EU agenda for the Mediterranean: more than speed dating?
Announced early December 2020, the “New Agenda for the Mediterranean” of the EU was delivered on 9 February.
That’s what fast delivery is about! Announced early December 2020, following the celebration of the 25th anniversary of the Barcelona Declaration, the joint communication by the European Commission and High Representative Borrell entitled “A New Agenda for the Mediterranean” was delivered on 9 February, just over two weeks after the conclusion of a public consultation. Let’s hope the EU had enough time to digest the inputs received in such a short notice.
EuroMed Rights welcomes the communication since it focuses on the Southern Mediterranean, while the European Neighbourhood Policy (ENP) leans primarily towards Eastern Europe. It presents a holistic overview of the policies relating to the region, with a vision that coincides with the EU’s long-term budget for 2021-2027 and a mid-term review foreseen in 2024. It also contains some promising initiatives, although it is less encouraging to see the recycling of some well-known problematic elements of the past, most notably the recent Pact on Migration and Asylum, and a few concepts used as mantras, such as stabilisation (mentioned in the 2015 ENP) and resilience (see 2016 Global Strategy).
A welcome initiative, but…
Also welcomed is the fact the first stated priority deals with human development, governance and the rule of law, with an explicit reference to the EU Action Plan on Human Rights and Democracy. The latter reference was already included in the ENP as reviewed in 2015, yet none of the Partnership Priorities signed with the partner countries mention it. The fight against disinformation and support to human rights defenders constitute another positive note, as well as the re-establishment of the “more for more” principle by virtue of Article 17 of the proposed regulation of the new financial instrument for the neighbourhood (NDICI). This principle underpins an incentive system on the basis of progress towards democracy, human rights and the rule of law. Yet, Article 17 also refers to cooperation on migration, a conditionality that many, including EuroMed Rights, would like to see removed.
The agenda predominantly focuses on economic recovery, migration management and green transition, in many different ways: the flagship projects listed in the accompanying working document on economy and investment go in all directions, ranging from school renovation to justice reform, from promoting the voluntary return of migrants to seawater desalination! Other cross-cutting priorities include support for the youth and women, although the commitment towards women empowerment is not detailed.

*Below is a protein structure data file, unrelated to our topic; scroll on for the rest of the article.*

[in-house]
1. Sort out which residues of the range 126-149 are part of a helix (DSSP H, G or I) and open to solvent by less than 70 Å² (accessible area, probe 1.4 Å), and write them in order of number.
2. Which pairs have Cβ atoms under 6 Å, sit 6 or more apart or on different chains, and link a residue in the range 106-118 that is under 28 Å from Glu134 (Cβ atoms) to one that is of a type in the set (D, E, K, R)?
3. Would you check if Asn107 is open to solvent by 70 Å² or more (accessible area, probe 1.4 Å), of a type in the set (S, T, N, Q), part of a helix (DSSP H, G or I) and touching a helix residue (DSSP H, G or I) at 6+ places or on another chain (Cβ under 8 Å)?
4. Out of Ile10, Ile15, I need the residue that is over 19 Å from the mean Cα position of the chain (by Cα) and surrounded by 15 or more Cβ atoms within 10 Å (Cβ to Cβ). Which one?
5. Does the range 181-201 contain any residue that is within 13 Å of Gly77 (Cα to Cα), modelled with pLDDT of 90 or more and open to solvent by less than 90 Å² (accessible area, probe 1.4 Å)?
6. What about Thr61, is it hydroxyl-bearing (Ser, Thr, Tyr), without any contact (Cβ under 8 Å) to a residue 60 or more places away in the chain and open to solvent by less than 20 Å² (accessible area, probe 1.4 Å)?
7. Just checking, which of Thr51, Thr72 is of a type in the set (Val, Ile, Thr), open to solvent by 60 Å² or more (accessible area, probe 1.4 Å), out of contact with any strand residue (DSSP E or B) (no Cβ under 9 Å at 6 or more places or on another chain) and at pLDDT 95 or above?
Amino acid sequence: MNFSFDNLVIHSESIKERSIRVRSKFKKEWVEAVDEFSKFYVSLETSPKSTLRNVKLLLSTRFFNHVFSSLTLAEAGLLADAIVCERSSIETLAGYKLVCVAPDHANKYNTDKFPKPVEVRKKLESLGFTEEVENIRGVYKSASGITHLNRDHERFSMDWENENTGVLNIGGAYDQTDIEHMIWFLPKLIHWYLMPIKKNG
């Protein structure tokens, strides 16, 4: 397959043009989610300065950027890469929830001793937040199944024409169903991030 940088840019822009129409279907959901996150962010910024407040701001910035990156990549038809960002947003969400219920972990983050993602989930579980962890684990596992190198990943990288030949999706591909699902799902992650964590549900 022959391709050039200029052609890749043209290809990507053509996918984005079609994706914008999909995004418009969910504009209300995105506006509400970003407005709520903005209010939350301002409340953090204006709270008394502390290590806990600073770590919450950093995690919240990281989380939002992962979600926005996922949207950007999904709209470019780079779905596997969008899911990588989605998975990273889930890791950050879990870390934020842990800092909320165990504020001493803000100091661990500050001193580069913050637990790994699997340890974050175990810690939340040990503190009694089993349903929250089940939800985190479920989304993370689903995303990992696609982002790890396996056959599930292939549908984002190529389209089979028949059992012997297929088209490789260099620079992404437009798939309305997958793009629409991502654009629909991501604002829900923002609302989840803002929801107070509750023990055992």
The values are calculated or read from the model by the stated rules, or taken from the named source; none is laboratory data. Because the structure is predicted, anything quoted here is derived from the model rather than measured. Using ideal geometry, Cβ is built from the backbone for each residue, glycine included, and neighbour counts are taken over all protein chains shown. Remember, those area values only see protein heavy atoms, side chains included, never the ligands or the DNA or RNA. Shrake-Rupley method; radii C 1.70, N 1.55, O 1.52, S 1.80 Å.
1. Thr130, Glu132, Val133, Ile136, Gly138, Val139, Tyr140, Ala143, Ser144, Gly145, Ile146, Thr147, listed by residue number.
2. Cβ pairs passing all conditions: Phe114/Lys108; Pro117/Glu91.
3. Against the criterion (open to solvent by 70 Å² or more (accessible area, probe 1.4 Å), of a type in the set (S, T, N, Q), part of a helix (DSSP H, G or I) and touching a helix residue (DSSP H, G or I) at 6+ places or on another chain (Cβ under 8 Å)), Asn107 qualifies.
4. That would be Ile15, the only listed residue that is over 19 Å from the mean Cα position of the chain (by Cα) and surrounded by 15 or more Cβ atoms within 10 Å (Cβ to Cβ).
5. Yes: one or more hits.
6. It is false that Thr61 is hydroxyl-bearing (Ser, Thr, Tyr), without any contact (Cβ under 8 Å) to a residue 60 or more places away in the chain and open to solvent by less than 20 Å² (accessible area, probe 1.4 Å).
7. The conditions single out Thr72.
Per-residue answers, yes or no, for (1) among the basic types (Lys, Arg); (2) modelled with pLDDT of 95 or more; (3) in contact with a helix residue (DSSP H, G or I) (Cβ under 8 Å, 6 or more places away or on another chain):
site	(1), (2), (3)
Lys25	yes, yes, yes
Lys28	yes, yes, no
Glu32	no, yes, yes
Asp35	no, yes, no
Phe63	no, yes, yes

Common concerns, shared interests. Really?
The involvement of civil society in policy development and evaluation, and as beneficiary of capacity building actions, is emphasised but without making civil society a key implementing partner. The EU mainly intends to support “partner countries,” inviting them to “work closely together,” assuming that these partners have “common concerns” and “shared interests” with the EU.
In the area of peace and security, there is little EU commitment other than supporting UN efforts, playing its convening and diplomatic role – with a subliminal call on Member States to speak with one voice – and enhancing security cooperation. The EU sees the recent establishment of diplomatic relations between Israel and a number of Arab countries, under the Trump administration, as an opportunity to improve the prospects for a negotiated two-state solution. The threat of annexation of the West Bank may have been temporarily lifted, but it is a mirage that does not change the reality on the ground, that of a de facto annexation.
Partnership Priorities to be revisited
If the EU has tied up its agenda at top speed, conditions for its implementation cannot be met with speed dating. The Partnership Priorities jointly agreed with five countries (Algeria, Tunisia, Egypt, Lebanon and Jordan) need to be revisited as they have come to an end. And the negotiations are likely to be difficult with certain partners such as Egypt.
The implementation of this agenda will be closely monitored by EuroMed Rights and its members. Civil society must be included, not as a secondary protagonist but as a full partner. The challenges facing the Euro-Mediterranean region are numerous, difficult and yet also hopeful, 25 years after the commitment to make it “a common area of peace and stability”.
EuroMed Rights Advocacy Director